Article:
How Effective Is Central Bank Forward Guidance?

This paper investigates the effectiveness of forward guidance for the central banks of four countries: New Zealand, Norway, Sweden, and the United States.

What Inventories Tell Us about Aggregate Fluctuations -- A Tractable Approach to (S,s) Policies

We estimate a DSGE model with (S,s) inventory policies. We find that (i) taking inventories into account can significantly improve the empirical fit of DSGE models in matching the standard business-cycle moments (in addition to explaining inventory fluctuations); (ii) (S,s) inventory policies can significantly amplify aggregate output fluctuations, in contrast to the findings of the recent general-equilibrium inventory literature; and (iii) aggregate demand shocks become more important than technology shocks in explaining the business cycle once inventories are incorporated into the model.

Understanding the Distributional Impact of Long-Run Inflation

The impact of fully anticipated inflation is systematically studied in heterogeneous agent economies with an endogenous labor supply and portfolio choices.

The Lender of Last Resort: Lessons from the Fed’s First 100 Years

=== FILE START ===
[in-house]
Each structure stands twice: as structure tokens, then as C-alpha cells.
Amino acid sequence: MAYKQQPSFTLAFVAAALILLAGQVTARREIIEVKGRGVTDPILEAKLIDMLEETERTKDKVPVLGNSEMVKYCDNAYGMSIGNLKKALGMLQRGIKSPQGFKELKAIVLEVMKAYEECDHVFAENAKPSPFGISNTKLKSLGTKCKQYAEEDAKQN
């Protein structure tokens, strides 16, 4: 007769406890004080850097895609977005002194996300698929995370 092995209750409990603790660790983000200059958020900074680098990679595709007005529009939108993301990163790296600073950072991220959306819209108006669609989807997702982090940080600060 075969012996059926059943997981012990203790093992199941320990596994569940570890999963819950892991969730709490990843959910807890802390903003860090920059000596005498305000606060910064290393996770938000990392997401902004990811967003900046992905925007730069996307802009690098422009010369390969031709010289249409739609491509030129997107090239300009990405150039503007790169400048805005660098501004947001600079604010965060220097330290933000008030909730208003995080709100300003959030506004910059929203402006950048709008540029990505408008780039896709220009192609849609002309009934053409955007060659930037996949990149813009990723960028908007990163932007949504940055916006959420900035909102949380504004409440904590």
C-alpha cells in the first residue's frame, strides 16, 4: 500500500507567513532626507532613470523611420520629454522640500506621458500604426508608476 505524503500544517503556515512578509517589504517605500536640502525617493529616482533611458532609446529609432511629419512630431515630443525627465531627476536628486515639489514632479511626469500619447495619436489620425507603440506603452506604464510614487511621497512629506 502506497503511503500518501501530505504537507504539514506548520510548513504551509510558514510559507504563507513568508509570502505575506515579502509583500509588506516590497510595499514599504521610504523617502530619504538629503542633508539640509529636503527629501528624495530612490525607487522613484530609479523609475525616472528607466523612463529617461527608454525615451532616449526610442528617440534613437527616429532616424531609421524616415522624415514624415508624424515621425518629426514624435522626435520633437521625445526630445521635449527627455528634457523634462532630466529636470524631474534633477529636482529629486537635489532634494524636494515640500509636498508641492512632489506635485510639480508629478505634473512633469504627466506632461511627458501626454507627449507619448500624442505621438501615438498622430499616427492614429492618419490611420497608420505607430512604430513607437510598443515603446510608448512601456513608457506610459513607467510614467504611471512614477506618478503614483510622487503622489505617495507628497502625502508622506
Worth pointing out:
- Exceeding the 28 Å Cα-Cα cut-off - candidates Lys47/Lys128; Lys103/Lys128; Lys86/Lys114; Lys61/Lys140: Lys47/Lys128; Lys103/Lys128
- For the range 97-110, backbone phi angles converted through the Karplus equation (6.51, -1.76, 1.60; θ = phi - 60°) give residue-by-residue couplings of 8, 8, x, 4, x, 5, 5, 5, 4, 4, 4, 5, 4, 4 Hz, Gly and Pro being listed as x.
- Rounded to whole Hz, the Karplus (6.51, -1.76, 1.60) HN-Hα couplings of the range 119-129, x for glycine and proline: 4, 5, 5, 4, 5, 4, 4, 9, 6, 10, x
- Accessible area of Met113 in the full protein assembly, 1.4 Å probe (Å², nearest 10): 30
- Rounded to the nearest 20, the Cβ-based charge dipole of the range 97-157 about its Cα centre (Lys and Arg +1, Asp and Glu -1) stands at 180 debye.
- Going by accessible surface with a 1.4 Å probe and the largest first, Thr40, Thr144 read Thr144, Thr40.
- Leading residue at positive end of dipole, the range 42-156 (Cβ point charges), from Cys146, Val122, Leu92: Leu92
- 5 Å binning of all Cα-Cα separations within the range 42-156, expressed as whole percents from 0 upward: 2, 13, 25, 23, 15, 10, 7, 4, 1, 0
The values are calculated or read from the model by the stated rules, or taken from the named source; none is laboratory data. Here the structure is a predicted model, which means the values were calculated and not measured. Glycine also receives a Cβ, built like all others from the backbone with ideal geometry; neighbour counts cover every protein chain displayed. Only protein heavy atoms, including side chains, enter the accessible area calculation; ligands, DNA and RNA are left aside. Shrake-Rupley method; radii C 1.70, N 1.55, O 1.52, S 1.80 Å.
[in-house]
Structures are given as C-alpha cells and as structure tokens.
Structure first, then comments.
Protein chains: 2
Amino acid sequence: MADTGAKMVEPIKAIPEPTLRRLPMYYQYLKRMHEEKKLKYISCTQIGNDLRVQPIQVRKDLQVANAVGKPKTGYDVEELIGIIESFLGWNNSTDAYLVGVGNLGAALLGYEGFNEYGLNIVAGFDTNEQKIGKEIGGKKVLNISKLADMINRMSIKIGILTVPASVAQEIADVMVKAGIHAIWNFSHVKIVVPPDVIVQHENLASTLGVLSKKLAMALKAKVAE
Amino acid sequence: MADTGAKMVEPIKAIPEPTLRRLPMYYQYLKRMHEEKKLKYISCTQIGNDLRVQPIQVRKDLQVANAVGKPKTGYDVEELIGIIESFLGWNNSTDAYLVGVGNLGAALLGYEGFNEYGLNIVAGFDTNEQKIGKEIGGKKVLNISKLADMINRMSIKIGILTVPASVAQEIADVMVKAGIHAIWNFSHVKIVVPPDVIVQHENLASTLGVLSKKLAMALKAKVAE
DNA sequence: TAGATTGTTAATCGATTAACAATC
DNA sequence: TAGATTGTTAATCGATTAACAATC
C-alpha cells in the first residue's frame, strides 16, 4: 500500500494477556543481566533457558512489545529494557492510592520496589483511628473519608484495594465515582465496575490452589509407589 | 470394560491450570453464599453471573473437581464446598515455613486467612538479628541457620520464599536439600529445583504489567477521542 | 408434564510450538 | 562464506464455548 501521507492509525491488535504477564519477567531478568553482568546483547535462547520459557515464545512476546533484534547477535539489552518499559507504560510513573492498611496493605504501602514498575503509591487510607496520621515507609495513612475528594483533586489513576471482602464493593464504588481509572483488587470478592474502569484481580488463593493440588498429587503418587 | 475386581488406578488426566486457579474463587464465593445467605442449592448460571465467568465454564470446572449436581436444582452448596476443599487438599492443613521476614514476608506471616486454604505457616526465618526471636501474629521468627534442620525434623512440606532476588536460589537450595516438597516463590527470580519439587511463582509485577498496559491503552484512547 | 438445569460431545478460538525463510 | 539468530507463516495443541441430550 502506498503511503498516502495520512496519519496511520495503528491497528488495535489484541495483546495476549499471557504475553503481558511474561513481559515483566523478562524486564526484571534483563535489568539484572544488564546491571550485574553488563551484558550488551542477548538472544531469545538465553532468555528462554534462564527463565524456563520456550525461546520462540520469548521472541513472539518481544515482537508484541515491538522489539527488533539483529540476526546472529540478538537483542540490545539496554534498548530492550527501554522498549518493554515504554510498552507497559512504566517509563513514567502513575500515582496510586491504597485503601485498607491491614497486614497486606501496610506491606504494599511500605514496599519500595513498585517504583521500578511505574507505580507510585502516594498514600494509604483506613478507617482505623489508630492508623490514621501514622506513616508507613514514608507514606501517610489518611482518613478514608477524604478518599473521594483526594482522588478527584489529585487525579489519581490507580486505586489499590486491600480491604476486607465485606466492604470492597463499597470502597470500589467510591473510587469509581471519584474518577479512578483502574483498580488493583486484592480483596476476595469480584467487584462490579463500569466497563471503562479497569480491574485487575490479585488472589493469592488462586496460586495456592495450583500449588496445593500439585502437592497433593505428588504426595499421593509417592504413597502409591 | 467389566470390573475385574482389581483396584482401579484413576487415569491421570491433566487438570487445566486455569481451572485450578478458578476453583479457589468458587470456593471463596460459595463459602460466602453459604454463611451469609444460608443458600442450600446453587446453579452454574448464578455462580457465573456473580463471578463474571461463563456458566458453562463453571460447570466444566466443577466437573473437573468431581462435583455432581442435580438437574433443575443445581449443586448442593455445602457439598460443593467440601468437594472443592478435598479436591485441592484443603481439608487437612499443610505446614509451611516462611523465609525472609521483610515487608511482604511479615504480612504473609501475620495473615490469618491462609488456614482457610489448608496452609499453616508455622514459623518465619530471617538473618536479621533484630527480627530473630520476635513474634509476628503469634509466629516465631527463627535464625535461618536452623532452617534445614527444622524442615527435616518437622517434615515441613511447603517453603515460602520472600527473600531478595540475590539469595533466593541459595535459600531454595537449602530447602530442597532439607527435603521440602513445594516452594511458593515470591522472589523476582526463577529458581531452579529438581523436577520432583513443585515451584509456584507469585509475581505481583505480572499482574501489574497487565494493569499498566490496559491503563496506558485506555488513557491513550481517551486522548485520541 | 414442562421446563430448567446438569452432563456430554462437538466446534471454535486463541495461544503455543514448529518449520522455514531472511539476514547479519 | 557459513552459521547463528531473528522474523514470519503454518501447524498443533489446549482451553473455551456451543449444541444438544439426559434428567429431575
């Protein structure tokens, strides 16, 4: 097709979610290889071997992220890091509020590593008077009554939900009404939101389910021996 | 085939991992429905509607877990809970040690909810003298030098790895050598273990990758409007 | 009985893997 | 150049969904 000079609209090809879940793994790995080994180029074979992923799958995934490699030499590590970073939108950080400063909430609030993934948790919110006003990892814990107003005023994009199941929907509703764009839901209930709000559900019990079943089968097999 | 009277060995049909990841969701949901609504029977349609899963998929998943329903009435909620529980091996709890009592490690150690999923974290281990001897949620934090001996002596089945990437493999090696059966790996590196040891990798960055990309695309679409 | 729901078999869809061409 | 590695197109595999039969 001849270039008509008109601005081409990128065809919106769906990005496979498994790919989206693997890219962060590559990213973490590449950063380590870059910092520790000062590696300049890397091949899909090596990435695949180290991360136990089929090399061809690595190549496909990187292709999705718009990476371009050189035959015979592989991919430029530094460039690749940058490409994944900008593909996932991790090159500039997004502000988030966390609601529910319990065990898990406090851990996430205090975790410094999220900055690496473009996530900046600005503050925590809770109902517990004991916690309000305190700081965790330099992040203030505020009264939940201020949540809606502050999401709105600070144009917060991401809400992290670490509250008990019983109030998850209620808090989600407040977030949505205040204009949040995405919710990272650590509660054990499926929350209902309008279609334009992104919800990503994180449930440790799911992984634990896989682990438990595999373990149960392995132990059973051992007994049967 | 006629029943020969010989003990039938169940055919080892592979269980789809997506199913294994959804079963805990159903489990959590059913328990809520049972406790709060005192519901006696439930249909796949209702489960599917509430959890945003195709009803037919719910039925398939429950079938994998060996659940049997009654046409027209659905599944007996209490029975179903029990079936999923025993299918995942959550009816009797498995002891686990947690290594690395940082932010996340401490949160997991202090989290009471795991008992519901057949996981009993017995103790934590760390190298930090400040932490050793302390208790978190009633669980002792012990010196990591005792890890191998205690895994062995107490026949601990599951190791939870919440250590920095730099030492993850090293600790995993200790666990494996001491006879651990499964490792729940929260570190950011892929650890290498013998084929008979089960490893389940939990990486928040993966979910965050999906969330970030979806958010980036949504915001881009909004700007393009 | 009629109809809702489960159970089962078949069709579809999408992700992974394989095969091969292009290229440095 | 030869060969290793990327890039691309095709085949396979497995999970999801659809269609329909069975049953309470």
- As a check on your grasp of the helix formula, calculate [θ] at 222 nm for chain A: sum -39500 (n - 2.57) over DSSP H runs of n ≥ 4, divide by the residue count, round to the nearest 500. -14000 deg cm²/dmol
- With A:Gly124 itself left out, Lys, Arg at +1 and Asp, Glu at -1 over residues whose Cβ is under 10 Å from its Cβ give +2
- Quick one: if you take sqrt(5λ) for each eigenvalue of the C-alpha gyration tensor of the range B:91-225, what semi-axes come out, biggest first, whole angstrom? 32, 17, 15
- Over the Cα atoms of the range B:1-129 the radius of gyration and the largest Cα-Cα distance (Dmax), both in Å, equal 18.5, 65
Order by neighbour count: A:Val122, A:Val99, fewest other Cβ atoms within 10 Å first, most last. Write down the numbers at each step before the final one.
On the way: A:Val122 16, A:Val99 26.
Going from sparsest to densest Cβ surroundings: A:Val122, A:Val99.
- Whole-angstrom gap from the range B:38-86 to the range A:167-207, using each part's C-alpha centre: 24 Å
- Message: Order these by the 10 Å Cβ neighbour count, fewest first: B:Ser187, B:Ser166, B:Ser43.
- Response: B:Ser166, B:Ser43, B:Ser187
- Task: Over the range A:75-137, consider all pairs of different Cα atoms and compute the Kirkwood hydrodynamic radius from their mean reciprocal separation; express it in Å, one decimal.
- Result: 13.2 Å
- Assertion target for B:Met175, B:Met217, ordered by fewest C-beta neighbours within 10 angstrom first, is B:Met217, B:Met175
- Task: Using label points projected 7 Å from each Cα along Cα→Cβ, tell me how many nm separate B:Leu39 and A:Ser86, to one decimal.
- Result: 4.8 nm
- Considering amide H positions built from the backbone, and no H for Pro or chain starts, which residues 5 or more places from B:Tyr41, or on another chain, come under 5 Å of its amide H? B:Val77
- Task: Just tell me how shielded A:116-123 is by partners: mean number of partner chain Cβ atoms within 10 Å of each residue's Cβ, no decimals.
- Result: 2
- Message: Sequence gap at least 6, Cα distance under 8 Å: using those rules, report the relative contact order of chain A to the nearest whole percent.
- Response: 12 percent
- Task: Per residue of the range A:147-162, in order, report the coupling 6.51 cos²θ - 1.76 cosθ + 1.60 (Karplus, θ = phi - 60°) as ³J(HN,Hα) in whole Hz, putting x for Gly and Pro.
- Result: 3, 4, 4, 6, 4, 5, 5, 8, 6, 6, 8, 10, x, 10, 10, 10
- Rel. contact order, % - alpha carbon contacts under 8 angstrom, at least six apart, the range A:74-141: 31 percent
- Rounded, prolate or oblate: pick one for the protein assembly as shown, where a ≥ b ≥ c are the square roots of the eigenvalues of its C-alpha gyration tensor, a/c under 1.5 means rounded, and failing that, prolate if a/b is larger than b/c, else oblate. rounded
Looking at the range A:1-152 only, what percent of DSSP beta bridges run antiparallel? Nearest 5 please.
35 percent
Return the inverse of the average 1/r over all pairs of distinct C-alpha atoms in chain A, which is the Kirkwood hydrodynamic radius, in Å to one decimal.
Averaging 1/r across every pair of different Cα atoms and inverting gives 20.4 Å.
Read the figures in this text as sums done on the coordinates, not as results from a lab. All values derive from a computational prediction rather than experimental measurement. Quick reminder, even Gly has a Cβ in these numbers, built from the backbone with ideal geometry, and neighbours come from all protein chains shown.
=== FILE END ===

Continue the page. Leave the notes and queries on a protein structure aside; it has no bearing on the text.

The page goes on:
We review the responses of the Federal Reserve to financial crises over the past 100 years. The authors of the Federal Reserve Act in 1913 created an institution that they hoped would prevent banking panics from occurring.

Foreign Firms and the Diffusion of Knowledge

This paper constructs a model to examine the impact of foreign firms on a developing Country’s own accumulation of entrepreneurial knowledge.

The Federal Reserve's response to the financial crisis: what it did and what it should have done

This paper analyzes the Federal Reserve’s major policy actions in response to the financial crisis. The analysis is divided into the pre-Lehman and post-Lehman monetary policies.

Capital Misallocation and Aggregate Factor Productivity

We propose a sectoral–shift theory of aggregate factor productivity for a class of economies with AK technologies, limited loan enforcement, and a constant production possibilities frontier.

A Two-sector Model of Endogenous Growth with Leisure Externalities